I can't define, which one is right crohn disease or ulcer colitis because symptom r almost the same?

I have been discover to have it after the barium meal where dr is trying 2 diagnose it

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  • 1 decade ago
    Favourite answer

    Crohn's disease.

    is a chronic, episodic, inflammatory condition of the gastrointestinal tract characterized by transmural inflammation (affecting the entire wall of the involved bowel) and skip lesions (areas of inflammation with areas of normal lining in between). Crohn's disease is a type of inflammatory bowel disease (IBD) and can affect any part of the gastrointestinal tract from mouth to anus; as a result, the symptoms of Crohn's disease can vary between affected individuals. The main gastrointestinal symptoms are abdominal pain, diarrhea, which may be bloody, and weight loss. Crohn's disease can also cause complications outside of the gastrointestinal tract such as skin rashes, arthritis, and inflammation of the eye.

    Ulcerative Colitis

    colitis is a disease where inflammation develops in the large intestine (the colon and rectum). The most common symptom when the disease flares-up is bloody diarrhoea. You can usually prevent symptoms from flaring up by taking medication each day. When a flare-up does occur, treatment can usually ease symptoms. Surgery to remove the large intestine is needed in some cases. Colitis means 'inflammation of the colon'.

    Ulcerative means that ulcers tend to develop. An ulcer is a raw area on the lining of the intestine which may bleed.

    The inflammation and ulcers in the large intestine cause the common symptoms of diarrhoea, and passing blood and mucus.

    Symptoms are Diarrhoea. This varies from mild to severe. The diarrhoea may be mixed with mucus or pus. An urgency to get to the toilet is common. A feeling of wanting to go to the toilet but with nothing to pass is also common (tenesmus). Water is not absorbed so well in the inflamed colon, which makes the diarrhoea watery.

    Blood mixed with diarrhoea is common ('bloody diarrhoea').

    Crampy pains in the abdomen.

    Pain when passing stools.

    Proctitis. Symptoms may be different if a flare-up only affects the rectum, and not the colon. You may have fresh bleeding from the rectum, and you may form normal stools rather than have diarrhoea. You may even become constipated, but with a frequent feeling of wanting to go to the toilet.

    Feeling generally unwell is typical if the flare-up affects a large amount of the large intestine, or lasts a long time. Fever, tiredness, feeling sick, weight loss, and anaemia may develop.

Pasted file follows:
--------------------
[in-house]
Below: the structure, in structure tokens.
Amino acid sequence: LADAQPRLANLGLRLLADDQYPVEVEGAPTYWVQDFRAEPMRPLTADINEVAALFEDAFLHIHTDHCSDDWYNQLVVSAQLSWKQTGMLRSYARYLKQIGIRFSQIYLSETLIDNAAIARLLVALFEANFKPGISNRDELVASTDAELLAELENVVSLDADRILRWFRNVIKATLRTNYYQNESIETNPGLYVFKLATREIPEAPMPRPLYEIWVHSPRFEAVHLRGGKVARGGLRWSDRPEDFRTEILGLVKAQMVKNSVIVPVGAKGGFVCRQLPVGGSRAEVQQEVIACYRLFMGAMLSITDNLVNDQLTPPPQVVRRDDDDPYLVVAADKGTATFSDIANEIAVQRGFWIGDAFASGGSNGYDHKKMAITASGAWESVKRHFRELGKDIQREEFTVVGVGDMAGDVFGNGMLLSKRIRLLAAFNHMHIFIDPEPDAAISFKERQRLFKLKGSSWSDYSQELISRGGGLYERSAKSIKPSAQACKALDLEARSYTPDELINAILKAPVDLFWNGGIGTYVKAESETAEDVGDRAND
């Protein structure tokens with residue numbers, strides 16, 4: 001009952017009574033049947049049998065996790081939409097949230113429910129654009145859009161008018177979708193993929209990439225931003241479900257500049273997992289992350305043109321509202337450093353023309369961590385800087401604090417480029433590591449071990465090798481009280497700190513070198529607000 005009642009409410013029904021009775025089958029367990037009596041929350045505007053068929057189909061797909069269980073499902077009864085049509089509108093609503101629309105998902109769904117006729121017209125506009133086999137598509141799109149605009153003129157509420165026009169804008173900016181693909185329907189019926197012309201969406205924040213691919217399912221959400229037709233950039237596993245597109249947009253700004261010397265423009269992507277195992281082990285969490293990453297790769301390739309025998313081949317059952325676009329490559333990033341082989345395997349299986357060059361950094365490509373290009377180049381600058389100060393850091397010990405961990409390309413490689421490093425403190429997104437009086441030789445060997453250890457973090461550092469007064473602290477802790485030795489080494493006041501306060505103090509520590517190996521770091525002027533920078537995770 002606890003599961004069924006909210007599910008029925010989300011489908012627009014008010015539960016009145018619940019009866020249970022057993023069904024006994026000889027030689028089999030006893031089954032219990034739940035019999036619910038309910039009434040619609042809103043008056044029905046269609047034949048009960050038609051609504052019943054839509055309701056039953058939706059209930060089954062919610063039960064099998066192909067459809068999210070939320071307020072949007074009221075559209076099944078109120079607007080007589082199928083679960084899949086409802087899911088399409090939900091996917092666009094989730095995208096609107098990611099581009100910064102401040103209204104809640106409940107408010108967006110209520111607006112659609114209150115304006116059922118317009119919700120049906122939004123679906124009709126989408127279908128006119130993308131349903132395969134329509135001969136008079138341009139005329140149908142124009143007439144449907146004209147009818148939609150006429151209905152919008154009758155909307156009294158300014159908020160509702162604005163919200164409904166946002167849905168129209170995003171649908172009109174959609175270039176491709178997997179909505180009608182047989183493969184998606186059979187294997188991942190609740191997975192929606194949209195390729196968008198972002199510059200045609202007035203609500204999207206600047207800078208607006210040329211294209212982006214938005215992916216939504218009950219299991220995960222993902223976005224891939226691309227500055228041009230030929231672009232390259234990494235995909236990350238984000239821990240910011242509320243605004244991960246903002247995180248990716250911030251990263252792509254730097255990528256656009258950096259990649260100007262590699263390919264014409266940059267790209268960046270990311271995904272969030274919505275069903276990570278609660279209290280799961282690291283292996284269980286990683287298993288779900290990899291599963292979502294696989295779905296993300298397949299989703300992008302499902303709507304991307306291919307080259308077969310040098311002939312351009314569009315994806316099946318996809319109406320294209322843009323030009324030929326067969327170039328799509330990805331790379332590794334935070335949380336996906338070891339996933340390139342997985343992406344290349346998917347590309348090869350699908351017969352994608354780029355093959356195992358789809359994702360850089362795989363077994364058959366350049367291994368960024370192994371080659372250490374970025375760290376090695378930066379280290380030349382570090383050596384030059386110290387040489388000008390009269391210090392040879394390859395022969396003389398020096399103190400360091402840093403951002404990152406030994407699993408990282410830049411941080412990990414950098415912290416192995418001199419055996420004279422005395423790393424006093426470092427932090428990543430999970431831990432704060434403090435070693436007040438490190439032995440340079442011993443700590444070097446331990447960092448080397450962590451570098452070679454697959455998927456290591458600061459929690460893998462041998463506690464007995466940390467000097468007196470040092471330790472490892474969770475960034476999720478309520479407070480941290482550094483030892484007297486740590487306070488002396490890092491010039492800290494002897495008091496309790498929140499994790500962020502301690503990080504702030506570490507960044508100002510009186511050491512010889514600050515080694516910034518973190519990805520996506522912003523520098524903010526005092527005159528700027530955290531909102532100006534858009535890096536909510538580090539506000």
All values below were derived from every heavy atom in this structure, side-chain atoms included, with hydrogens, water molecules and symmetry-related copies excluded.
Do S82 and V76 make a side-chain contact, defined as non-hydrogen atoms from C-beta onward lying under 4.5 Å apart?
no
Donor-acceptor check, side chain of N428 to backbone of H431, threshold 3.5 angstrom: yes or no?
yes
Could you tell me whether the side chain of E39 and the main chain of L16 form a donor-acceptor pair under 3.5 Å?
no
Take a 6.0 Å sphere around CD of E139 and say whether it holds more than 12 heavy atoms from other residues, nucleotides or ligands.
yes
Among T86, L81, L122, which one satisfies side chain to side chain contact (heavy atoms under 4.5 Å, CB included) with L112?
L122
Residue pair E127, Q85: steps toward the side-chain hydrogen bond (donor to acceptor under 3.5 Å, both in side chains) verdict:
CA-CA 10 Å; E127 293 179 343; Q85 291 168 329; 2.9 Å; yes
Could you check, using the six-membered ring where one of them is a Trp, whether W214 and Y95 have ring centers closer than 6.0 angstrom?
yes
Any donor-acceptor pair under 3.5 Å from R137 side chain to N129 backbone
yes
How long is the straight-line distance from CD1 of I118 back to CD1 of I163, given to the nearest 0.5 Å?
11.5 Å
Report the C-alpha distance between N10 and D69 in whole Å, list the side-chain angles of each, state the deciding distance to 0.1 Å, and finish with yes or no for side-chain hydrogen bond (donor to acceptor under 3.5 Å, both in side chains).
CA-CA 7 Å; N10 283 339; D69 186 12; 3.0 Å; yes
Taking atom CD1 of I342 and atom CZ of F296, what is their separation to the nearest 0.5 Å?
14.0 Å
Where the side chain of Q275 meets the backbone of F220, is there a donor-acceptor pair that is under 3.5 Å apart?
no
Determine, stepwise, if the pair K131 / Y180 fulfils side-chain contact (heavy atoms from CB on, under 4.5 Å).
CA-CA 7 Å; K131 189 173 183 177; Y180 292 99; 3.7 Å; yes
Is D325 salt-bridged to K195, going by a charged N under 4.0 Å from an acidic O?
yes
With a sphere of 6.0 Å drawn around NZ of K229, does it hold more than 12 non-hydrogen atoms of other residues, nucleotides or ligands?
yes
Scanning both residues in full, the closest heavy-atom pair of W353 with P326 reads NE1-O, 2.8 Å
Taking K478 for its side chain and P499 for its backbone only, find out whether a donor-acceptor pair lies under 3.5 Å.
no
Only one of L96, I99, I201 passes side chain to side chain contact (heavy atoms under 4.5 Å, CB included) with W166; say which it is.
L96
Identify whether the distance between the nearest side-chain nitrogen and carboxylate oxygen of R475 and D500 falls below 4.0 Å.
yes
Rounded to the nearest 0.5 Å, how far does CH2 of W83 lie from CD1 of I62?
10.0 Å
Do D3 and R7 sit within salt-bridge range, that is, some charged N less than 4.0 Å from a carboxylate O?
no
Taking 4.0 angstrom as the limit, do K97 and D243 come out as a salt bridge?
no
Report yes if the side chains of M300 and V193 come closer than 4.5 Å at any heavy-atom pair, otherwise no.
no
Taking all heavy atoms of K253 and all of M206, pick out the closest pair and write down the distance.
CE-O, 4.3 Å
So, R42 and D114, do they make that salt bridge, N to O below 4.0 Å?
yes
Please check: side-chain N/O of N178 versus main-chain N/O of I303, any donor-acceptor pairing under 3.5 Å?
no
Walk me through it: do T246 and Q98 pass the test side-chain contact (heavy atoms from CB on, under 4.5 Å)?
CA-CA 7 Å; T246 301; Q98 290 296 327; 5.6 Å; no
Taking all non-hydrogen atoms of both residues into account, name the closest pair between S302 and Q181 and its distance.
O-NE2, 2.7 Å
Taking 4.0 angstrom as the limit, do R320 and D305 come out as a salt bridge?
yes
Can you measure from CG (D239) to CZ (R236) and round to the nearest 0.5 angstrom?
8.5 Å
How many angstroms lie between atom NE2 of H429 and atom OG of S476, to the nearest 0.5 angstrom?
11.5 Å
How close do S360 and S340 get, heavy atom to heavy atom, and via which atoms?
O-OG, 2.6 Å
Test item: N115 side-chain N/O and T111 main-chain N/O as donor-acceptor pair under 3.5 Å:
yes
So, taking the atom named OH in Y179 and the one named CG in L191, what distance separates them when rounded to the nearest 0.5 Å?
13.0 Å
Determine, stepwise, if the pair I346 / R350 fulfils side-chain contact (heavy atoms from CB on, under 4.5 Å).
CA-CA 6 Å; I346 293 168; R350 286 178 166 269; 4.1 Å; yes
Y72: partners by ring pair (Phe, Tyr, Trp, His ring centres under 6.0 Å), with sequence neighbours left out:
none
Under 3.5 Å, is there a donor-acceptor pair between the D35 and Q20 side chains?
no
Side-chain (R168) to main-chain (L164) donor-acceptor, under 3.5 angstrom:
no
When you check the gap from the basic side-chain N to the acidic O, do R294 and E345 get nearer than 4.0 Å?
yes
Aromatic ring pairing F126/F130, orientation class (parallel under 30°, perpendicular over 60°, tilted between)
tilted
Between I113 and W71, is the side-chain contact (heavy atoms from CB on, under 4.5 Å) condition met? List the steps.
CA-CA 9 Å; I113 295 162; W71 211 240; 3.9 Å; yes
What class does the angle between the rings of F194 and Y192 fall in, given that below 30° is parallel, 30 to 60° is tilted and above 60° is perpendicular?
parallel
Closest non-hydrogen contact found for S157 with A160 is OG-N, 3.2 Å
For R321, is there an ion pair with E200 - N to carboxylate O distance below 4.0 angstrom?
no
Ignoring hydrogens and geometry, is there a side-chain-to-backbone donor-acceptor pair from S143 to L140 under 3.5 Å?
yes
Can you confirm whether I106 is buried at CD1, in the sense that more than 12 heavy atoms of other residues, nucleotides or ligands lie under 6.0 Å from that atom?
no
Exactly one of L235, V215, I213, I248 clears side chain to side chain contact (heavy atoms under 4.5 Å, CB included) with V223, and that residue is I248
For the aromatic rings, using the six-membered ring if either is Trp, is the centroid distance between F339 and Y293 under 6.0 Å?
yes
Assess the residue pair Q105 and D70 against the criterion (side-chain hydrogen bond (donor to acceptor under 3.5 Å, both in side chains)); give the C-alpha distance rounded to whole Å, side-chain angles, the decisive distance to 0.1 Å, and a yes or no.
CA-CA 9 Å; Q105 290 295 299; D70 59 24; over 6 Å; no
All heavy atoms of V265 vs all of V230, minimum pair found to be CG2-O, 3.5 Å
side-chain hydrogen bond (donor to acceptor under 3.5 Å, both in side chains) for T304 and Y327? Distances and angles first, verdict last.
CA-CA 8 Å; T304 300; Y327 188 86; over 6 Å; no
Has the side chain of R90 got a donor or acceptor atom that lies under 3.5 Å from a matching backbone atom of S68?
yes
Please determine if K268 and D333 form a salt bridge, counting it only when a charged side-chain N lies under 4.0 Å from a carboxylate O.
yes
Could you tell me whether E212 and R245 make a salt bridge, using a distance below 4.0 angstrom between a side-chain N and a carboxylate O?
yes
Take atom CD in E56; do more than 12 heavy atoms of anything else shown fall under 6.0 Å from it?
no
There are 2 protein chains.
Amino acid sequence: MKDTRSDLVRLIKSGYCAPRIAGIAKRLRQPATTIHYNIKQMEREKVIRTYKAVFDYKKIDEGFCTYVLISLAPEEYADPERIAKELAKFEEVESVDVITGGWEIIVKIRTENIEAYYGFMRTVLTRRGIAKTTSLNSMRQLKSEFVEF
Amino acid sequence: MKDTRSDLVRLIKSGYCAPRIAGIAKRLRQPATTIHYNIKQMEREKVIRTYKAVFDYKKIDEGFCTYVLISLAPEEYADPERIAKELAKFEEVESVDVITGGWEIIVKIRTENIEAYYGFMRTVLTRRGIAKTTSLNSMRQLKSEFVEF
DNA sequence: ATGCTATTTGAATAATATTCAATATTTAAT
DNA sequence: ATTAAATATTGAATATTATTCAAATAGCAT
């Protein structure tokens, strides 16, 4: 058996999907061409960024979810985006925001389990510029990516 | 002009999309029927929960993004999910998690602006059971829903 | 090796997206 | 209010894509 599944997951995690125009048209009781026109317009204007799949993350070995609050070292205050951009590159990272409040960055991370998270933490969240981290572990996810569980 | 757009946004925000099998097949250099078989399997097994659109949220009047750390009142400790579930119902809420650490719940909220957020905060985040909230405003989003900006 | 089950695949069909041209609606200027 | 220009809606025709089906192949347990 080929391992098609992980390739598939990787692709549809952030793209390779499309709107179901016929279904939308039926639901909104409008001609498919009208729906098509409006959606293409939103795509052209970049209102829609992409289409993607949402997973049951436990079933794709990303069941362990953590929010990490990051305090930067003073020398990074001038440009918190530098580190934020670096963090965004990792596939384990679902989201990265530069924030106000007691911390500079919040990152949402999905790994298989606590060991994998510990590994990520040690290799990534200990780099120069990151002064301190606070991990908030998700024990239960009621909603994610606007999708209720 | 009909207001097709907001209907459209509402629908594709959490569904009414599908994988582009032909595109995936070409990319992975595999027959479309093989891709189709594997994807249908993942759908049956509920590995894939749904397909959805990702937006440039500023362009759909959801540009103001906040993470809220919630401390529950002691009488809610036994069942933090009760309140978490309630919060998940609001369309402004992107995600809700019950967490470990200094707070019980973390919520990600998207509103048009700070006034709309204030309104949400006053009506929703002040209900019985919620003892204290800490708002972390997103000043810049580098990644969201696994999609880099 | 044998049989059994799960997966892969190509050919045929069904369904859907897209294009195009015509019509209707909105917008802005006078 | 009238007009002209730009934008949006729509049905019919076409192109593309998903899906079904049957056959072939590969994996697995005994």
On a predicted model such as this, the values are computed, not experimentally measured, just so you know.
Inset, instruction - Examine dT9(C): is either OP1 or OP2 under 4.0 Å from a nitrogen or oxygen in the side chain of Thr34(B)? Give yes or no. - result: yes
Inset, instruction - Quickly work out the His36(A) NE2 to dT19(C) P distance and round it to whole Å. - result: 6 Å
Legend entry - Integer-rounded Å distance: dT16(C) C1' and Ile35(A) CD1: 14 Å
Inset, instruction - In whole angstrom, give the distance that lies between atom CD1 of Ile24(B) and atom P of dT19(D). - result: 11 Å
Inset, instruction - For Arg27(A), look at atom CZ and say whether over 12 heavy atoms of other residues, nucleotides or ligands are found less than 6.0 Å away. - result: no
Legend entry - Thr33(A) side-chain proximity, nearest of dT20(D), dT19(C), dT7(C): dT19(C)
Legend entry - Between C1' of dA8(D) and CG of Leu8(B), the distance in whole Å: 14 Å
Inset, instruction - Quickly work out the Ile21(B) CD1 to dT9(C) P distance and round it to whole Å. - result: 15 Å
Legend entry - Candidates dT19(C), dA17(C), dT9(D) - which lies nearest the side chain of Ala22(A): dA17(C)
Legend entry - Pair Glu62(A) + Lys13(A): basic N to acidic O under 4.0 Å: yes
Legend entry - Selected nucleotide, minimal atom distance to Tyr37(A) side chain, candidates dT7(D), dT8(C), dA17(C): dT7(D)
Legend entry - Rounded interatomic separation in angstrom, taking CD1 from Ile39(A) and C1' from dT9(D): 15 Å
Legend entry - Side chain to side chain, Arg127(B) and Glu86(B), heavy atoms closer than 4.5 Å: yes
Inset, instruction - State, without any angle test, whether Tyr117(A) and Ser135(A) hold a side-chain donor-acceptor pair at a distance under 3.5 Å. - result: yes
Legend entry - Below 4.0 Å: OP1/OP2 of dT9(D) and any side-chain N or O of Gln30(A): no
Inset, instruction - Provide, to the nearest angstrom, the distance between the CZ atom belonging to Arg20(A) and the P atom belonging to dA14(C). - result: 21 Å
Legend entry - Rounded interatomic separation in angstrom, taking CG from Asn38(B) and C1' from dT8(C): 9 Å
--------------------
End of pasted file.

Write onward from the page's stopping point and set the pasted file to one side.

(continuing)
A doctor can look inside the colon using a special telescope (a short sigmoidoscope or a longer flexible colonoscope. Separate leaflets describe these tests in detail). The appearance of the inside lining of the colon may suggest UC. A small sample (biopsy) of the colon is taken and looked at under the microscope. The typical pattern of the cells seen with the microscope may confirm the diagnosis.

    A special X-ray of the large intestine (barium enema) may also be advised. This can help to show how much of the colon is affected.

  • 1 decade ago

    Crohn's Disease is the umbrella term for a lot of different sickness'. Underneath the umbrella is colitis, diverticulitis, ulcerative colitis, irritable bowel syndrome and some others. Google Crohns Disease or go right to the Crohn's Foundation and they will be able to give you all the information you would want.

  • 1 decade ago

    Please see the web page for more details on Differentiating Crohn's Disease and Ulcerative Colitis.

    Crohn's disease is a chronic transmural inflammatory disease that usually affects the distal ileum and colon but may occur in any part of the GI tract. Symptoms include diarrhea and abdominal pain. Abscesses, internal and external fistulas, and bowel obstruction may arise. Extraintestinal symptoms, particularly arthritis, may occur. Diagnosis is by colonoscopy and barium contrast studies. Treatment is with 5‑ASA, corticosteroids, immunomodulators, anticytokines, antibiotics, and often surgery.

    Ulcerative colitis is a chronic inflammatory and ulcerative disease arising in the colonic mucosa, characterized most often by bloody diarrhea. Extraintestinal symptoms, particularly arthritis, may occur. Long-term risk of colon cancer is high. Diagnosis is by colonoscopy. Treatment is with 5‑ASA, corticosteroids, immunomodulators, anticytokines, antibiotics, and occasionally surgery.

  • caz_v8
    Lv 4
    1 decade ago

    Here is the difference for you...

    http://www.ehealthmd.com/library/ulcerativecolitis...

    It is in lamens terms and has diagrams accompanying it too. Hope this all helps you and good luck :)

    I use this site to inform my patients of the disease process and treatments.

    Source(s): Am a nurse :)
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  • Anonymous
    1 decade ago

    its a different condititons. Its important to distinguishe because UC can make cancer .Its a most dangereous complication.

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